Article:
Sarkozy on U.S., Turkey, Iran

WASHINGTON — In an interview posted on the Web sites of French embassies around the world, recently inaugurated French President Nicolas Sarkozy began to outline how his administration can be expected to shape a new era for France’s foreign policy. Most noteworthy, however, were remarks Sarkozy made about his position toward two of the countries with which France’s relations have been strained in recent times: the United States and Turkey. In the interview, published initially in the May 2007 issue of the quarterly French magazine “Politique Internationale,” Sarkozy also offered hints about the role his government may be expected to […]

Ukraine Steps Back From Brink

WASHINGTON — Bringing an end, at least for now, to the political standoff that until this weekend appeared to have Ukraine on the brink of civil war, the country’s president and prime minister have agreed that parliamentary elections will be held on Sept. 30. The BBC reported that President Viktor Yushchenko and Prime Minister Viktor Yanukovich announced the new date for elections early Sunday after “more than 12-hours of talks between the two men aimed at ending a long-running political crisis.” The crisis began unfolding earlier this year when President Yushchenko accused Prime Minister Yanukovich of illegally inviting members of […]

Commentary Week In Review

The Commentary Week in Review is posted on the blog every Friday. Drawing from more than two dozen English-language news outlets worldwide, the column highlights a handful of the week’s notable op-eds. Africa’s secret prisons Writing in the New Statesman on May 21, Christopher Thompson claimed that the United States has “quietly opened” a War on Terror front in East Africa, specifically through the use of undocumented Ethiopian jails for “‘rendition’ and interrogation of terror suspects” rounded up in the region. “Unfortunately, there is no way of knowing the exact number of prisoners. They are kept in secret detention that […]

Price Controls, Food Shortages in Venezuela

On Monday in the Wall Street Journal, Mary Anastasia O’Grady wrote a column about food shortages resulting from Hugo Chávez’s price control policies in Venezuela. WSJ subscribers can read “A Circus But No Bread” online. Or watch O’Grady talk about her column in the video below. But first, check out the news story we ran way back on March 7, by Caracas-based contributor José Orozco. In “Chavez, Private Sector Face Off Over Food Shortages in Venezuela,” WPR covered this story just as Chavez began his price control policies, before it had been written about anywhere else. Here’s an excerpt: “On […]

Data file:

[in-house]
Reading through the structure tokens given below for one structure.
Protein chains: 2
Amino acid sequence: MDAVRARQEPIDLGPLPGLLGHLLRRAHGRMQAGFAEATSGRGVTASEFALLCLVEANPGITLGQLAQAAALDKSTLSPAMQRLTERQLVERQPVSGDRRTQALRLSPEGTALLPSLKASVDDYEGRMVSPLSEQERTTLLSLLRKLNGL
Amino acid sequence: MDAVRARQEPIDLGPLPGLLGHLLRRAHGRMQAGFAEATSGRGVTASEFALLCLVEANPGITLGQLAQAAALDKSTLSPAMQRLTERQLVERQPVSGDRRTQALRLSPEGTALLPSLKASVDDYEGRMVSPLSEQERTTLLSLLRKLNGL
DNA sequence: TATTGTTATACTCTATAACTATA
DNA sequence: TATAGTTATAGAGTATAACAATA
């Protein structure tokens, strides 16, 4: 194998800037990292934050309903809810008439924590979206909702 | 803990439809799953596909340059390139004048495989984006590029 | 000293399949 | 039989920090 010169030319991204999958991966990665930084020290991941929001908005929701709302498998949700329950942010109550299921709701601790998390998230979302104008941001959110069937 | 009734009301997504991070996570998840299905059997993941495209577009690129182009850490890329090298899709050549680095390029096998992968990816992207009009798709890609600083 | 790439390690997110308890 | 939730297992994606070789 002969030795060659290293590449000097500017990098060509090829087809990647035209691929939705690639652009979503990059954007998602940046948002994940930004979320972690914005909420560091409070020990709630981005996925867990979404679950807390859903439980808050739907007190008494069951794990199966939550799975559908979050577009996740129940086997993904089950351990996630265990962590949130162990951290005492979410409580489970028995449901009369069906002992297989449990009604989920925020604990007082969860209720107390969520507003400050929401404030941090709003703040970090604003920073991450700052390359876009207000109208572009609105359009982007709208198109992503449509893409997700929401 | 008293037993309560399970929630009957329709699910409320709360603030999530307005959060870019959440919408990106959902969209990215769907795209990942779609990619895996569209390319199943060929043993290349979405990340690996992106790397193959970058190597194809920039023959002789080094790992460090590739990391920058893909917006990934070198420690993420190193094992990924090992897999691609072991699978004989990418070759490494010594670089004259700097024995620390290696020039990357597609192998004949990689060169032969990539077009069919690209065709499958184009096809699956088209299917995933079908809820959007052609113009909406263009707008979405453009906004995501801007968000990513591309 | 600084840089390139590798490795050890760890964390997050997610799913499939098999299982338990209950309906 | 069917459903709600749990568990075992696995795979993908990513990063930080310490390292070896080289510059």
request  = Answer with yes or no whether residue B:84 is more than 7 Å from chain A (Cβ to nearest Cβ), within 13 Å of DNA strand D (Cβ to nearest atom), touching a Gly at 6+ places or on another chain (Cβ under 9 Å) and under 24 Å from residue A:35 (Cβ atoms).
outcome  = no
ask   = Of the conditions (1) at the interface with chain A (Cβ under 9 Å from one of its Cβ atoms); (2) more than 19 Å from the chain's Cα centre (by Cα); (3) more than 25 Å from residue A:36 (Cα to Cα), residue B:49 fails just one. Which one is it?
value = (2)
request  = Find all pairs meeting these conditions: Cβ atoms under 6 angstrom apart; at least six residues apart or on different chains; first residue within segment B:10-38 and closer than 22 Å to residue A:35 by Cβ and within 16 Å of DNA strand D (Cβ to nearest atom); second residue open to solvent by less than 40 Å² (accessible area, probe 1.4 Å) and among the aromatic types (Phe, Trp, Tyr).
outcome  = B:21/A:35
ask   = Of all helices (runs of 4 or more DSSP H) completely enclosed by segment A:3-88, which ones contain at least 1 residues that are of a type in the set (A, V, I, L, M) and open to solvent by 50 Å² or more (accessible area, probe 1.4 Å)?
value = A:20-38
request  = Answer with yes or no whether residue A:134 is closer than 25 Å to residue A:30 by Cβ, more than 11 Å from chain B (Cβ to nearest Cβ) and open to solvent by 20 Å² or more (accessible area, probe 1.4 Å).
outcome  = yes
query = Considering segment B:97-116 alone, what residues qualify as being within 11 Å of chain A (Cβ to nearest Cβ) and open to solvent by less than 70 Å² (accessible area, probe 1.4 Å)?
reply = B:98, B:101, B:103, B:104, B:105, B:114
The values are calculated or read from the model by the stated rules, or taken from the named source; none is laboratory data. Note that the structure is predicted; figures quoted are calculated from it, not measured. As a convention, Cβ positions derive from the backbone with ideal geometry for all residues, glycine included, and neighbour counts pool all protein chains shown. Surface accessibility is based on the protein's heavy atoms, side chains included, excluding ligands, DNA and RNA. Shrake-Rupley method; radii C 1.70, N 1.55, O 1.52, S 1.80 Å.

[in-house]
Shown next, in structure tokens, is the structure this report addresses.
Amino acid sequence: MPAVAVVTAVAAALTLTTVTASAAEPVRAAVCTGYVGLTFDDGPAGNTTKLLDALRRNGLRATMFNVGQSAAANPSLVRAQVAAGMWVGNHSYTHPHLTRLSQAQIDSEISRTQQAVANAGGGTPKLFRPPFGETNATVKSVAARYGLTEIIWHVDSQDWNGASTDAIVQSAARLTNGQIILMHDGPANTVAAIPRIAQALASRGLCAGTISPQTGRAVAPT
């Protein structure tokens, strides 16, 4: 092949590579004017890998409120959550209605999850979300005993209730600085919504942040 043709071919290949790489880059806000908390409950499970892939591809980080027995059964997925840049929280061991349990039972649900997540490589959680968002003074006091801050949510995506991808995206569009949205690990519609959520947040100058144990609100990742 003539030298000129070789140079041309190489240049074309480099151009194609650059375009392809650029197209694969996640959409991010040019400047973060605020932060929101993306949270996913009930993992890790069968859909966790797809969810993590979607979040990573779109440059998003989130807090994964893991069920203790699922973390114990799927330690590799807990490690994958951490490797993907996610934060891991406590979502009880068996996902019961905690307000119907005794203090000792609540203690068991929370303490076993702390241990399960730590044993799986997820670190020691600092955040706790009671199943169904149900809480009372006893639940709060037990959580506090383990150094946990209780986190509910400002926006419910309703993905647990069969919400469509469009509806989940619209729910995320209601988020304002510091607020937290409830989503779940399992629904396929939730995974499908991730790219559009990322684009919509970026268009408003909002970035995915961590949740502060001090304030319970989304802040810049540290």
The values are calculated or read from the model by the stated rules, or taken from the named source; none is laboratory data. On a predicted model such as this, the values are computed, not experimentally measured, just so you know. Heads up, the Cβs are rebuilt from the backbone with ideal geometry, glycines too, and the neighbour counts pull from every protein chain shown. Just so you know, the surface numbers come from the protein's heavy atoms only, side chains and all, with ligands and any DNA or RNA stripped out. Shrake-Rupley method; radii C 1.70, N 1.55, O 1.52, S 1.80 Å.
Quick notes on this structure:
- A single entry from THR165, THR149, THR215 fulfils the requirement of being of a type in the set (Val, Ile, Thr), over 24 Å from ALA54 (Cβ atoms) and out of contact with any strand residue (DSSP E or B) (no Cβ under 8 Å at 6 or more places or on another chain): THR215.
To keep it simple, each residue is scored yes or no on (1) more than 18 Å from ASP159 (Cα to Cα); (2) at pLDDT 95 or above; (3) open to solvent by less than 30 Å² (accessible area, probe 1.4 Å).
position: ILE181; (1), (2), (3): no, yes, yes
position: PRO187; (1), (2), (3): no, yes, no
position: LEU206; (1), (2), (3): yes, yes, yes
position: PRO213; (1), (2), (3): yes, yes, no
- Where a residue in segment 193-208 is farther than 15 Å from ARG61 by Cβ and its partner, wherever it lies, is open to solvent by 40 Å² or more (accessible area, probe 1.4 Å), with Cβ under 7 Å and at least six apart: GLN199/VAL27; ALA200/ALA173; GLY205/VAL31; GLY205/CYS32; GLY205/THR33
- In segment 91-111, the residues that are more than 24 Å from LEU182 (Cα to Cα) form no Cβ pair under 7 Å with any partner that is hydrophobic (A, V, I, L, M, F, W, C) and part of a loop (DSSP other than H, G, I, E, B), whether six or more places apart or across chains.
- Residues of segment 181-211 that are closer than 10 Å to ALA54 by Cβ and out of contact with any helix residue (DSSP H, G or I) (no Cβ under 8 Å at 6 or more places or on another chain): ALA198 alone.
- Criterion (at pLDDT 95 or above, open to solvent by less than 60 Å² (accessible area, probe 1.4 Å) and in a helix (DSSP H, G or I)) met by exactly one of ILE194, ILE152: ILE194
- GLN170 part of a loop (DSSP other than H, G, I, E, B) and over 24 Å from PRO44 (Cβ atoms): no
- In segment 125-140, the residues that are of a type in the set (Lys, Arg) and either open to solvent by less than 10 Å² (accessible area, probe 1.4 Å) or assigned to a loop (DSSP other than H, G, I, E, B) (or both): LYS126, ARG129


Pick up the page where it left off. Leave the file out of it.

Is the U.S. Chasing Its Tail in the Middle East?

For those who subscribe to the Atlantic Monthly, or who can otherwise get their hands on a copy of the June issue, we highly recommend reading the cover story, “Grand Illusions,” about Condoleezza Rice and U.S. diplomatic strategy in the Middle East.Samuels’ article does more to describe the Bush administration’s “grand strategy” — to the extent it has one — for the post-Iraq Middle East than anything else I’ve read. The picture that emerges of that strategy is somewhatdiscouraging in a number of ways. Perhaps the most significant cause for worry relates to whether the U.S. strategy for Palestinian-Israeli peace […]

Commentary Week In Review

The Commentary Week in Review is posted on the blog every Friday. Drawing from more than two dozen English-language news outlets worldwide, the column highlights a handful of the week’s notable op-eds. February’s bilateral agreement between the United States and North Korea to push Pyongyang toward giving up its nuclear programs is now on the verge of collapse, according to John Bolton, who reminded us in the May 18 Wall Street Journal that “the first step, 60 days after ratification, was to be that North Korea ‘will shut down and seal for the purpose of eventual abandonment’ the Yongbyon nuclear […]

What Does the World Think of America?

Amar C. Bakshi, a producer and videographer with the Washington Post’s PostGlobal site, has just set out on a trip to the far corners of the world to chronicle “How the World Sees America.” Right now, he’s only gotten as far as Manchester, England, but the results so far — from a conversation with Prospect magazine founder David Goodhart about British anti-Americanism to a discussion with British college students about American patriotism — show the project has promise. The germ of the idea came from Bakshi himself, according to the Post’s David Ignatius. An experience in a Zimbabwean prison in […]

More on Afghanistan: Peace Talks and Civilian Casualties

In his post below, John Rosenthal pointed to Europe as the source of much of the push for (most probably futile) negotiations with the Taliban in Afghanistan. However, much of the news coverage of the issue following the Afghanistan Senate’s recent vote in favor of negotiations pointed toward internal Afghan origins for the apparent movement toward negotiations. In a story in the Sunday New York Times, for example, Carlotta Gall and David Sanger suggested that there is an upsurge in anger among the Afghanistan public after a number of incidents in which U.S. and NATO air strikes caused civilian deaths. […]